Nicholas Skar-Gislinge developed the way we image the nano-world of proteins – University of Copenhagen

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03 September 2014

Nicholas Skar-Gislinge developed the way we image the nano-world of proteins

PhD defense

Congratualtions Dr. Nicholas Skar-Gislinge!

Yesterday, Nicholas Skar-Gislinge defended his PhD entitled: "Developing Nanodiscs as a Tool for Low Resolution Studies of Membrane Proteins". Congratulations!

Painter of Protein Portraits and Silhouettes: With the use of his neutron brush and his X-ray pencil, Nicholas Skar-Gislinge developed the way we image the nano-world of proteins. His work helped to bring other research projects to whole new levels and his imaging tools can prove crucial when designing the sustainable biochemical production machinery of the future. 

Academic advisor: Profesor Lise Arleth

Dr. Nicholas Skar-Gislinge

Phospholipid nanodiscs are ~10 nm sized disc shaped particles consisting of roughly 150 phospholipids arranged in a central bilayer, stabilized by two amphipathic protein ”belts” that wrap around the rim of the bilayer. Because they contain a small bilayer leaflet, in which membrane proteins can be incorporated, they can be used as a tool for solution studies of membrane proteins. So far most of the studies of membrane proteins using nanodiscs have been concerning the function of the incorporated membrane protein. However, due to the good control of the size and lipid composition of the nanodisc system, they seem an ideal tool for expanding the use of small angle scattering from studying water soluble proteins, to also include membrane proteins inserted into nanodiscs. This has been the main goal of this thesis.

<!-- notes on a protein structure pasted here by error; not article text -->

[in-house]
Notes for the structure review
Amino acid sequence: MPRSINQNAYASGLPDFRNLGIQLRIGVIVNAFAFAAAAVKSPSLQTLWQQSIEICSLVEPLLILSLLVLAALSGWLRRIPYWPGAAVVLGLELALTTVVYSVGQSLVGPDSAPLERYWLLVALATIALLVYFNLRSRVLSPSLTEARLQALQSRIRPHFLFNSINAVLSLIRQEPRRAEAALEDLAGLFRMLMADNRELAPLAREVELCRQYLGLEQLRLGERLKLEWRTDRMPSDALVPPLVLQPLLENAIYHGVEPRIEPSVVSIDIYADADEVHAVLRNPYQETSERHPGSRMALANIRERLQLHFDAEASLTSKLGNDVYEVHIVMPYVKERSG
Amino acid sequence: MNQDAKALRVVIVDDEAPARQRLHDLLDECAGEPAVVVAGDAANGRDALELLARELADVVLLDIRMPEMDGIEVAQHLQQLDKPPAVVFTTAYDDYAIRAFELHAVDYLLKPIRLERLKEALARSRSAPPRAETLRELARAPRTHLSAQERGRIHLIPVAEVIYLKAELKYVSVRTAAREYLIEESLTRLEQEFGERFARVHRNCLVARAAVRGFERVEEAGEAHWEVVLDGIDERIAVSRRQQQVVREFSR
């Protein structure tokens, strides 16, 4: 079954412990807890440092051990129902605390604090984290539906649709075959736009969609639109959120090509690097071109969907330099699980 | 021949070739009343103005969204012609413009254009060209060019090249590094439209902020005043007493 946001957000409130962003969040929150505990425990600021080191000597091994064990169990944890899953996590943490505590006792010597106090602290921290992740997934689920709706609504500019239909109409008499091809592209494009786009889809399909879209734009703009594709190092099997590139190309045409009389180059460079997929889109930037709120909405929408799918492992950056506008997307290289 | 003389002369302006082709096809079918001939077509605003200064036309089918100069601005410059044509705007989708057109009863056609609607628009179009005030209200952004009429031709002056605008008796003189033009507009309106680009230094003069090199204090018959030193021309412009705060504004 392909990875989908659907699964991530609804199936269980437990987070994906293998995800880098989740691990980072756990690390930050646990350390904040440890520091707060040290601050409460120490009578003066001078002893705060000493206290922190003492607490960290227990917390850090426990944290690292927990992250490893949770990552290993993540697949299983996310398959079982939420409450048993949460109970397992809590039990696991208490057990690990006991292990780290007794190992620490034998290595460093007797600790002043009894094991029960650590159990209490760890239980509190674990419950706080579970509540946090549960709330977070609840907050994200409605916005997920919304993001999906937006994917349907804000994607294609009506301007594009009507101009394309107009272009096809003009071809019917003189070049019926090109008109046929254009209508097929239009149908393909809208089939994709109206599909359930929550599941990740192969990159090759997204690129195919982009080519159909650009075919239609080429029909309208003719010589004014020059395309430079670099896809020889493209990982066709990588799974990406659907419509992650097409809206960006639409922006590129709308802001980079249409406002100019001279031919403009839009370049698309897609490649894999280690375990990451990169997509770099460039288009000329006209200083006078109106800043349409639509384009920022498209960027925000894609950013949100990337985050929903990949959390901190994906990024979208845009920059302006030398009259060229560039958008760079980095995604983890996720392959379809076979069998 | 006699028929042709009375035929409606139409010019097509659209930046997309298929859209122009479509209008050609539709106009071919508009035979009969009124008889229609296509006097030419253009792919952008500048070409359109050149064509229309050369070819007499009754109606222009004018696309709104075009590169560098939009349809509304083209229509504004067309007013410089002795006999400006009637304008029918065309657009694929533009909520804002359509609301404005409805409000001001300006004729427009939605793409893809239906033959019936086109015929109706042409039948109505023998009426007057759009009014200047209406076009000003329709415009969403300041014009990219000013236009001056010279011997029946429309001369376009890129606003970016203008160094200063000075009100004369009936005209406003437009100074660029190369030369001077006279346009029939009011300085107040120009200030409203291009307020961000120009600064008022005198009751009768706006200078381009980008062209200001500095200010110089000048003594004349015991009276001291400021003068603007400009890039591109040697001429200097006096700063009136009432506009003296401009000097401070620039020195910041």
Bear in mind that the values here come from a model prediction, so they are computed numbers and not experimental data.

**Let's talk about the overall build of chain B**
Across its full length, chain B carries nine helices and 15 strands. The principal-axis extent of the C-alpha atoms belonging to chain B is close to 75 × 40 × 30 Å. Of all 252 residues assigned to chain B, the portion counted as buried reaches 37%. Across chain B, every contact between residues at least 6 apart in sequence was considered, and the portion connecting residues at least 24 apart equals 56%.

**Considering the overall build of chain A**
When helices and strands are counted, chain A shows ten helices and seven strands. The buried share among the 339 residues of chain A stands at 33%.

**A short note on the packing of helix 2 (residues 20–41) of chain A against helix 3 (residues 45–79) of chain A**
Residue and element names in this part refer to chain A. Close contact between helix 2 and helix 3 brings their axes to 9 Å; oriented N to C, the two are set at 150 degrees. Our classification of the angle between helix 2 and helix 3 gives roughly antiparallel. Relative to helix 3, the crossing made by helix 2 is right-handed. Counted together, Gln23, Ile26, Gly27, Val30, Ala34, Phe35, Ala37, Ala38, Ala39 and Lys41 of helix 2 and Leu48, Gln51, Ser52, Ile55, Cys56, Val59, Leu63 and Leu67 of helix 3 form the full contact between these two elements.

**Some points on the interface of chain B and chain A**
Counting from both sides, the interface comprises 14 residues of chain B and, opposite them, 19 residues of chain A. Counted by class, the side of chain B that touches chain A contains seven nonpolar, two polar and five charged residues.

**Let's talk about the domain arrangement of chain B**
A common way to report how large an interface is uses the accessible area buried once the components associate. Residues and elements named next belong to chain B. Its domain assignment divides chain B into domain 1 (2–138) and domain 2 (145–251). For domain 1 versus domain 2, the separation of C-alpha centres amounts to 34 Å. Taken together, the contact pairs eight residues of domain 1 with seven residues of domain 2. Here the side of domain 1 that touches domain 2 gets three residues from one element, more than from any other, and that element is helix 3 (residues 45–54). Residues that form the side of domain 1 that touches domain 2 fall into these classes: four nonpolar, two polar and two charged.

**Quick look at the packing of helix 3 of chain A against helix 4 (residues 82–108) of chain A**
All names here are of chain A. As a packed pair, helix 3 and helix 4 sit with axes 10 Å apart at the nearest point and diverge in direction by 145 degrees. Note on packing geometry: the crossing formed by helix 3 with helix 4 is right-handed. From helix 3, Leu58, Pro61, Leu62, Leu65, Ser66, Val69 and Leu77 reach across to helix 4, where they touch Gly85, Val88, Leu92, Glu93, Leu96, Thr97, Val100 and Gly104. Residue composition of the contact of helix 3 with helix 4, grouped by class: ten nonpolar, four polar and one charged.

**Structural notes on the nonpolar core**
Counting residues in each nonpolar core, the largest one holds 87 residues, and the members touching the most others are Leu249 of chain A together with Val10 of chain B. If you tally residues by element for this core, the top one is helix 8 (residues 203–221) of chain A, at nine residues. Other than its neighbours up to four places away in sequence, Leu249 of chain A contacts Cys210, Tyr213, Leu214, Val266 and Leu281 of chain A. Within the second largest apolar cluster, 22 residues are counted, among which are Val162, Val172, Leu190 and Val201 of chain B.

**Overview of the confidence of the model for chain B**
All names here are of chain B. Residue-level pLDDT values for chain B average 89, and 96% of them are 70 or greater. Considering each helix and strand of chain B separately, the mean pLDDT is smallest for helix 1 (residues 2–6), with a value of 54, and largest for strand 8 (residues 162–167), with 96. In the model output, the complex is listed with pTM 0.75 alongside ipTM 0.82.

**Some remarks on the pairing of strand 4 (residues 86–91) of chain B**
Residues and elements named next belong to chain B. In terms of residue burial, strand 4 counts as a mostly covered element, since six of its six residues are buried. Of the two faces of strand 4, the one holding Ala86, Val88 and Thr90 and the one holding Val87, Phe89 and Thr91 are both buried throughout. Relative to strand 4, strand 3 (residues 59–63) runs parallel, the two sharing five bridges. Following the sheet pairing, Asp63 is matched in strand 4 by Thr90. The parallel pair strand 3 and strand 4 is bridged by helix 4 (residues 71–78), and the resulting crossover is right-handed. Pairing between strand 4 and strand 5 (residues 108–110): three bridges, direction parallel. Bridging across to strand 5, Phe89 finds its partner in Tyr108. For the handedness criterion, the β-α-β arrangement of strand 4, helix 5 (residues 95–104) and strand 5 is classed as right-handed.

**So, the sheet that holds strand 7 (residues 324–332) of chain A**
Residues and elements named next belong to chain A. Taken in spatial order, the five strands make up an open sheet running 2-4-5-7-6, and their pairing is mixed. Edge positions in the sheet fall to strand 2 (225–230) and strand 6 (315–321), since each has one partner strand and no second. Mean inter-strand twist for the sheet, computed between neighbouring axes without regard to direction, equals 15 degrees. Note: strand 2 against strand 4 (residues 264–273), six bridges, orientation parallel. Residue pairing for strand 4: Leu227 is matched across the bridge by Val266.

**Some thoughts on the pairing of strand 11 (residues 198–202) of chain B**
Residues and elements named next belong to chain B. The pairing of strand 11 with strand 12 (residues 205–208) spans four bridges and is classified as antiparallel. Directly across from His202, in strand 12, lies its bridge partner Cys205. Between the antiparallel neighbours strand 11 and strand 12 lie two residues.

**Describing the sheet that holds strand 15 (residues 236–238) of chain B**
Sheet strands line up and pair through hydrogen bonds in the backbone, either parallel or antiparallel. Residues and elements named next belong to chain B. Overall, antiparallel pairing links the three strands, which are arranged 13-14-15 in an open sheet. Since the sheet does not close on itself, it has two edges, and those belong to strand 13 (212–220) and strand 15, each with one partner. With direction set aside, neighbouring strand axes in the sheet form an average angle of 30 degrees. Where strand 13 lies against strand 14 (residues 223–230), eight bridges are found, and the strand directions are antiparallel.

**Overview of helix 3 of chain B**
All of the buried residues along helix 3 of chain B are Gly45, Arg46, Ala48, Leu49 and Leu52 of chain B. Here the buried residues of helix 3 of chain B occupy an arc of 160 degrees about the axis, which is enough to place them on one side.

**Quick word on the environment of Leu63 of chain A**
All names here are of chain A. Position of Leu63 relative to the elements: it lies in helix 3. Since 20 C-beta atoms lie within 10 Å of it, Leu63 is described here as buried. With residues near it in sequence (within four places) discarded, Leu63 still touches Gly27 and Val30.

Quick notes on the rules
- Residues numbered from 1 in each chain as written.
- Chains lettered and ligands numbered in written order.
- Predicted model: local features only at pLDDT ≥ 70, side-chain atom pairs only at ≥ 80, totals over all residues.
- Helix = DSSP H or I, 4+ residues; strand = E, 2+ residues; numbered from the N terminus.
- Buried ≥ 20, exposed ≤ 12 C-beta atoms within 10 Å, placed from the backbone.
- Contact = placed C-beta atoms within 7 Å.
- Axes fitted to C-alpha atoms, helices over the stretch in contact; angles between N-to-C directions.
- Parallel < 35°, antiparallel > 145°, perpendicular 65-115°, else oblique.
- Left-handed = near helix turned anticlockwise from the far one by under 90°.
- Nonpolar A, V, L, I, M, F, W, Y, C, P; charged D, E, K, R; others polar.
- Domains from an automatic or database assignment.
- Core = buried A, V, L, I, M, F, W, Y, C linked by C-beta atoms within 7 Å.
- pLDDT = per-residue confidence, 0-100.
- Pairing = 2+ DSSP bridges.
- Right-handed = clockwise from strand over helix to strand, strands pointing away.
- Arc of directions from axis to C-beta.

In order to reach this goal it is necessary to have a detailed understanding of the  nanodisc system, without the membrane protein, as well at the self-assembly process in general, and in particular in relation to incorporation of membrane proteins. This was the aim of work done early in this thesis. Here a detailed model for the small angle x-ray and neutron scattering from the empty nanodisc system was derived and used to describe the nanodisc system with great detail. The high level of detail was achieved by combining data from both small-angle x-ray and neutron experiments performed on the same samples as well as the incorporation of so-called molecular constraints. Using this model it was found that nanodiscs have an elliptical cross-section, and that the phospholipids in the nanodisc are slightly perturbed, compared to the phospholipids in vesicles.
Later, the self-assembly process of nanodiscs was investigated in more detail by varying the self-assembly conditions. Here it was found that the detergent used for solubilizing the phospholipids has a pronounced effect on the self-assembly process. This may be particularly relevant in order to obtain nanodisc samples of high quality and yield, needed for structural studies using small angle scattering. And which has been a challenge during the whole project.
In the later part of the project the main work has been on obtaining high quality samples as well as conducting SAXS and SANS measurements on these samples, and finally analyzing the measured data. The data analysis was done using a new hybrid approach combining continuous geometric and discrete modeling schemes. The hybrid approach was used to study the placement and orientation of the membrane protein bacteriorhodopsin incorporated into a nanodisc.
Furthermore, the hybrid approach also allows for ab. Initio shape reconstruction of membrane proteins of an unknown shape incorporated into a nanodisc. This approach was investigated for the membrane anchored cytochrome P450 3A4 in the final part of the project

The full thesis can be downloaded from the following link: